As the Syllable project predicted many years ago, version 3 of the REBOL programming language has finally been open sourced, under the Apache 2 licence (screenshot on Syllable Desktop). Also, the alpha version of the high-level Red programming language, supporting Syllable Desktop, has been released, by now in version 0.3.1 (screenshot, demo program, video at the Science Park in Amsterdam).
The Syllable project has contributed a website running on Syllable Server where you can try REBOL without installing it. REBOL originally constituted Syllable’s main cross-platform strategy, but the project is now also free to use it in the Syllable base platform, which should not contain closed parts. So far, REBOL3 ran on Syllable Desktop using the Linux version of the interpreter library. Now its source code compiles natively on Syllable, and the project has integrated it in Syllable’s build system. To compile REBOL and start it, enter the following commands in the terminal. You need the latest version of Builder. On Syllable Desktop0.6.7, do:
build update build log package unregister Builder package register Builder build REBOL-Core--current build install REBOL-Core--current r3
On Syllable Server, install the newer Builder package. Then do:
s build update build log build get REBOL-Core--current
Install the binary version of REBOL3 in the
REBOL-Core--current/make/ subdirectory as
r3-make. Then from the parent directory again:
build REBOL-Core--current build install REBOL-Core--current r3
Syllable now has the choice between the interpreted REBOL language and the compiled Red language. The Syllable project has already contributed a bridge between them, that allows to write REBOL extensions in the Red/System language. Previously, REBOL3 extensions needed to be developed inC, which has proven unpopular. This currently requires a development branch of Red on Windows, but this will be extended to Syllable.
The high-level Red programming language compiles to the low-level Red/System language as an intermediate format before compiling it to native machine code. Red/System was already ported to Syllable, but more work was needed for Red. It requires Syllable0.6.7 for its POSIX
mmap support. Ready to run test programs are here (download, instructions) for all Red’s targets: Syllable, Linux x86, Linux ARM (screenshot on the Raspberry Pi, video on Hardware Freedom Day), Android, OS X and Windows.
The first Red screenshot shows Unicode support in the
hello demo. Greek characters are shown correctly, but the Chinese characters are missing because they are not available in the DejaVu font that Syllable uses.
On Syllable Server, the Linux x86 versions of the test programs should be used, in the “Linux” subdirectory of the testing repository. Red aims to have minimal dependencies on its host systems. For the simpler programs, this means that one binary is compatible across most of the many varieties of Linux distributions – an advantage over many other programming languages. Some of the test programs that use bindings to complex libraries don’t fare so well, because the libraries change rapidly over different versions in different Linux distributions. This goes even for the source code compatibility of the test programs: compiling them again on your Linux system doesn’t help. Red does table-based configuration of the source code instead of test-based configuration, so the compilation result is independent from the build system. This helps to make cross-compilation trivial. The test programs for all systems were cross-compiled on Linux with the included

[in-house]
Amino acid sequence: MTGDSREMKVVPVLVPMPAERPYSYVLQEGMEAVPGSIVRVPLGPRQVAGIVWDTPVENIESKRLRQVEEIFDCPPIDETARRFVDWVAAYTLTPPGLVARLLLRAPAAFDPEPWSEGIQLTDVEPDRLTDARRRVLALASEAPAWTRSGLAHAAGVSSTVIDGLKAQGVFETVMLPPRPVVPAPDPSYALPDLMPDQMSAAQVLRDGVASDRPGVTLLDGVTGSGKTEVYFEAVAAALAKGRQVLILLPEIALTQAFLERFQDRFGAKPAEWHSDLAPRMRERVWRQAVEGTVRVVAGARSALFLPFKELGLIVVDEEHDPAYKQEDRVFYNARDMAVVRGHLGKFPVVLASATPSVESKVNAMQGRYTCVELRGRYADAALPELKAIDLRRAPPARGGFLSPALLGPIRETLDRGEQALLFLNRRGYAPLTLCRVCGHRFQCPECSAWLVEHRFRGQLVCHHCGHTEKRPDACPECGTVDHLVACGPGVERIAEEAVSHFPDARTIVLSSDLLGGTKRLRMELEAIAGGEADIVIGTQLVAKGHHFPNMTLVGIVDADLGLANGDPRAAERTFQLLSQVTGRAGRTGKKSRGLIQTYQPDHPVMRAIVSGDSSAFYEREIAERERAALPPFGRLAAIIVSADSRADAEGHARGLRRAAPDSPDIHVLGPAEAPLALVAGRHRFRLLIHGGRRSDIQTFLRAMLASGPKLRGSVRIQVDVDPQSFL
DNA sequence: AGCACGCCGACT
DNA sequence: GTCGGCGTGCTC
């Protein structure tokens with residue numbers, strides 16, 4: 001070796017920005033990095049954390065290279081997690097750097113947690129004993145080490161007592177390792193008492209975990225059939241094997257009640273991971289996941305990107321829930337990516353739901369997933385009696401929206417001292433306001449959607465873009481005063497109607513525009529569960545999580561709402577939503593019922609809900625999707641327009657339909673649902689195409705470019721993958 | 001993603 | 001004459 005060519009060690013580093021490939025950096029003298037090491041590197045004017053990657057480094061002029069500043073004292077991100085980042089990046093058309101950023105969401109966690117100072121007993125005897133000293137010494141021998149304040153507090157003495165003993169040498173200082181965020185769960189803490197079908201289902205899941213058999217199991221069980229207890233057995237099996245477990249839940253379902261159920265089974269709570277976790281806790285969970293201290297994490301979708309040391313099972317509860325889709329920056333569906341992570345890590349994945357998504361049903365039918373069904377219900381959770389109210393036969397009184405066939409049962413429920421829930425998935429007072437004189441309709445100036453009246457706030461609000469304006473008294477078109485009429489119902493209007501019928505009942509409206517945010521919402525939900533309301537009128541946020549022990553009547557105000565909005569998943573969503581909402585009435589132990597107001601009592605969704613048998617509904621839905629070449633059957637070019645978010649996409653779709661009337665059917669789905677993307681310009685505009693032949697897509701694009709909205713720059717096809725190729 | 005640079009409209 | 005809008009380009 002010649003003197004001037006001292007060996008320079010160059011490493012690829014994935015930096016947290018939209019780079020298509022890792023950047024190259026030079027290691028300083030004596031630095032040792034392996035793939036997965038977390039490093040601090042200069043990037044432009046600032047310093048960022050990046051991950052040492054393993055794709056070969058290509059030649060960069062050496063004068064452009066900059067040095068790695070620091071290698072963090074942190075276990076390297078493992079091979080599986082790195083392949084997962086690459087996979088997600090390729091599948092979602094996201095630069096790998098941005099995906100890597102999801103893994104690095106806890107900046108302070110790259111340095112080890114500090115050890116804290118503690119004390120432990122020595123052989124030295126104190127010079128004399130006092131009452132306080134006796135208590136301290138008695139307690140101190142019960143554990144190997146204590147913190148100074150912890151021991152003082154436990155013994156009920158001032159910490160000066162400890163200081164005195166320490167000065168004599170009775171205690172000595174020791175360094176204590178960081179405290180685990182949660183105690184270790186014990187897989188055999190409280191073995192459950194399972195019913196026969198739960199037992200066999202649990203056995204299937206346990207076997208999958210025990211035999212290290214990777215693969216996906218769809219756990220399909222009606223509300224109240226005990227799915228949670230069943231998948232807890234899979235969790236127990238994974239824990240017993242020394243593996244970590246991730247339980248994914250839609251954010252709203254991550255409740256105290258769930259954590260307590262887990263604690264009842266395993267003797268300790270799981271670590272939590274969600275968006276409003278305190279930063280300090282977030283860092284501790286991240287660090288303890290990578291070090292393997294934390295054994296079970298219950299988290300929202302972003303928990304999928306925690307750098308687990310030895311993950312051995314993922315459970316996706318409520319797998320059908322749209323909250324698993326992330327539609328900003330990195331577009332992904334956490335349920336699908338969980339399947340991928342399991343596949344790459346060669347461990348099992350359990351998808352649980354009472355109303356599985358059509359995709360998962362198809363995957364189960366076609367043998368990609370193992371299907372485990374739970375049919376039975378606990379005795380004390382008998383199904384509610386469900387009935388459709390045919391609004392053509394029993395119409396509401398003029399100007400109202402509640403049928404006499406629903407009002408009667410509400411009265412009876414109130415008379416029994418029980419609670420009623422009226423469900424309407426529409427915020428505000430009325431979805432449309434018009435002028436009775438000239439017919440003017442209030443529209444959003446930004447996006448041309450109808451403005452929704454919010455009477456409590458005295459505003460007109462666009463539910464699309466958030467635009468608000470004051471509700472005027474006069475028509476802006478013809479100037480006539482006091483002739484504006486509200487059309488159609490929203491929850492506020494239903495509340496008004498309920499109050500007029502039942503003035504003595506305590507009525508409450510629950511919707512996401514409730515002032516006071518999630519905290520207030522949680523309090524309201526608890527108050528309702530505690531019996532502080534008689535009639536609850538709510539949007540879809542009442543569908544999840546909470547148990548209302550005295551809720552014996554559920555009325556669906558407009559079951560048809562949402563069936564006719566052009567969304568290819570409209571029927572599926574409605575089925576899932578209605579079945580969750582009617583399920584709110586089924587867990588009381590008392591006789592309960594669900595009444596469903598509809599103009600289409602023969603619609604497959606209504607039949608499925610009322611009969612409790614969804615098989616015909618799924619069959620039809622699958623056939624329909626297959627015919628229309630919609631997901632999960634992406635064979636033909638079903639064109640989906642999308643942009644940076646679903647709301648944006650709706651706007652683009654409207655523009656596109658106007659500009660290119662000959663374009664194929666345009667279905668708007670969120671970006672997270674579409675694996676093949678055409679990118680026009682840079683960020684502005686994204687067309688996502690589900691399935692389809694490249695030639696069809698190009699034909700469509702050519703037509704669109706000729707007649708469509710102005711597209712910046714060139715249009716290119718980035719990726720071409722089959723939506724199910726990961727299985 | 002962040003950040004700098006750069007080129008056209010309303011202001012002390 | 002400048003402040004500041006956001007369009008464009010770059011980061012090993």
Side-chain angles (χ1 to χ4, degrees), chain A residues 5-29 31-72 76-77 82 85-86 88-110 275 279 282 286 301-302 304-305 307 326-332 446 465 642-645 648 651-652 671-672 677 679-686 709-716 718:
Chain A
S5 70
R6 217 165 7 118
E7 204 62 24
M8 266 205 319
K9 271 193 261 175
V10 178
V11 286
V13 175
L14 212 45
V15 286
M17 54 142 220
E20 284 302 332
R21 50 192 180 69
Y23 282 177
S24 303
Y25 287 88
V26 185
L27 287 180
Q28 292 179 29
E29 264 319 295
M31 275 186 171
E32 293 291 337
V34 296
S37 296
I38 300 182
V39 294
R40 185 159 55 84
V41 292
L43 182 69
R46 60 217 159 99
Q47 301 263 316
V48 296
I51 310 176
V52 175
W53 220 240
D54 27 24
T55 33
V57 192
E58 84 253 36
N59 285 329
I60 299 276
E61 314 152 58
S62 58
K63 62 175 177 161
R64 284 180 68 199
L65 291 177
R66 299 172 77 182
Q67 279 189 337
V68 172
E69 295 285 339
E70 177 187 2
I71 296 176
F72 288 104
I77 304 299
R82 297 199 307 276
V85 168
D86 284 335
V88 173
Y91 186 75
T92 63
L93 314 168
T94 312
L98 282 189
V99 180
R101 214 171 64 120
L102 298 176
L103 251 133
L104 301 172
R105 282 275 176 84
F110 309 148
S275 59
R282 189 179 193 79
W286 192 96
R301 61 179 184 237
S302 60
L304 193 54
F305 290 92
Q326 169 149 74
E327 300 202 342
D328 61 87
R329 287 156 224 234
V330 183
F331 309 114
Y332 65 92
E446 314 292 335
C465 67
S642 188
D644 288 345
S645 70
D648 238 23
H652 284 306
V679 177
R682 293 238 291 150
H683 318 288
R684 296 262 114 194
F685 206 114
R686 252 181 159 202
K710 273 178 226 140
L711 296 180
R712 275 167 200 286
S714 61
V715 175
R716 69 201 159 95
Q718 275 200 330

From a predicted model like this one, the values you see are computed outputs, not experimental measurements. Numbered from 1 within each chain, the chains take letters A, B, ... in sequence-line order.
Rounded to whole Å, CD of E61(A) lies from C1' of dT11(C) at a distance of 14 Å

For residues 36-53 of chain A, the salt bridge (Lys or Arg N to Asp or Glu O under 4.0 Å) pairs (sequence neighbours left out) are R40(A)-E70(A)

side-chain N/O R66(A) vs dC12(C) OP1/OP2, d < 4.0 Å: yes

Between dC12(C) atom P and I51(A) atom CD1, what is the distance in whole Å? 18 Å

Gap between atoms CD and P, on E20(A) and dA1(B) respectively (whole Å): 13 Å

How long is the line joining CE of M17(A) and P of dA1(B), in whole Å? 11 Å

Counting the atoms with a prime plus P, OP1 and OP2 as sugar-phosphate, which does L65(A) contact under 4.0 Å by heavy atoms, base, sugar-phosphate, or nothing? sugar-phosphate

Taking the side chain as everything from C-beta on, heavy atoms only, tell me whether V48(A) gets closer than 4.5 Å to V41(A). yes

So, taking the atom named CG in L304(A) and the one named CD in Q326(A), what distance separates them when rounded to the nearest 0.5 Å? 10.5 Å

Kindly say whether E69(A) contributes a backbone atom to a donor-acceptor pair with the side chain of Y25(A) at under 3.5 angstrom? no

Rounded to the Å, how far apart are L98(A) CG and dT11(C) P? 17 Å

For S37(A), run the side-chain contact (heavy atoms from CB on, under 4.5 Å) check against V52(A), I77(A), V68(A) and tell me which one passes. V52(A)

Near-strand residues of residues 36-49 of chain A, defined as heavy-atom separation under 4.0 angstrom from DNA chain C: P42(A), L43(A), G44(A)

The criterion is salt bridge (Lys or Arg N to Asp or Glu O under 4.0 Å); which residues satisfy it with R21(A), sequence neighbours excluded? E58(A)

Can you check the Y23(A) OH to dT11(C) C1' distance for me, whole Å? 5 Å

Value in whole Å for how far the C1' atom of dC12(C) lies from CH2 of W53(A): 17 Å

build.r REBOL script.
On Windows, most of the test programs in the “MSDOS” subdirectory for the command prompt work better than the GUI versions in the “Windows” subdirectory, because they use command prompt output. The “MSDOS” subdirectory includes binaries for most of the libraries used by the test programs, so they don’t have to be installed separately.
Most of the OS X and Android versions of the test programs are untested, and several won’t run because the exact names of the needed libraries are incorrect. The project is interested in testers who can supply the correct library names and paths.
Originally, the plan for the Red compiler was to generate machine code immediately, while Red/System would only be used to write the low-level Red runtime library. This would have required multiple backends for each target system for both the Red and Red/System compilers. To save work, the Red compiler now has one backend generating Red/System code. Due to this decision, more effort has been spent to develop Red/System into a more capable language. While Red is in its alpha phase, Red/System is now quite mature. For example, it now supports namespaces, called contexts.
Also, the original plan for Red was to be a statically typed language with type inference, so it would have been fairly far removed from its inspiration, the dynamic, interpreted REBOL language. During implementation, it turned out that type inference could have disproportional costs, for example in terms of compilation time. Red will eventually include a JIT compiler, which should be fast, so it was decided to implement a hybrid static/dynamic typing system with optional typing. This brings Red quite close to the dynamic typing of REBOL, even though REBOL is an interpreter while Red is a compiler with a future JIT compiler. Currently, no optimisations are done, but future versions of Red will have ample room to implement optimisations through user-specified typing amended with automatic analyses.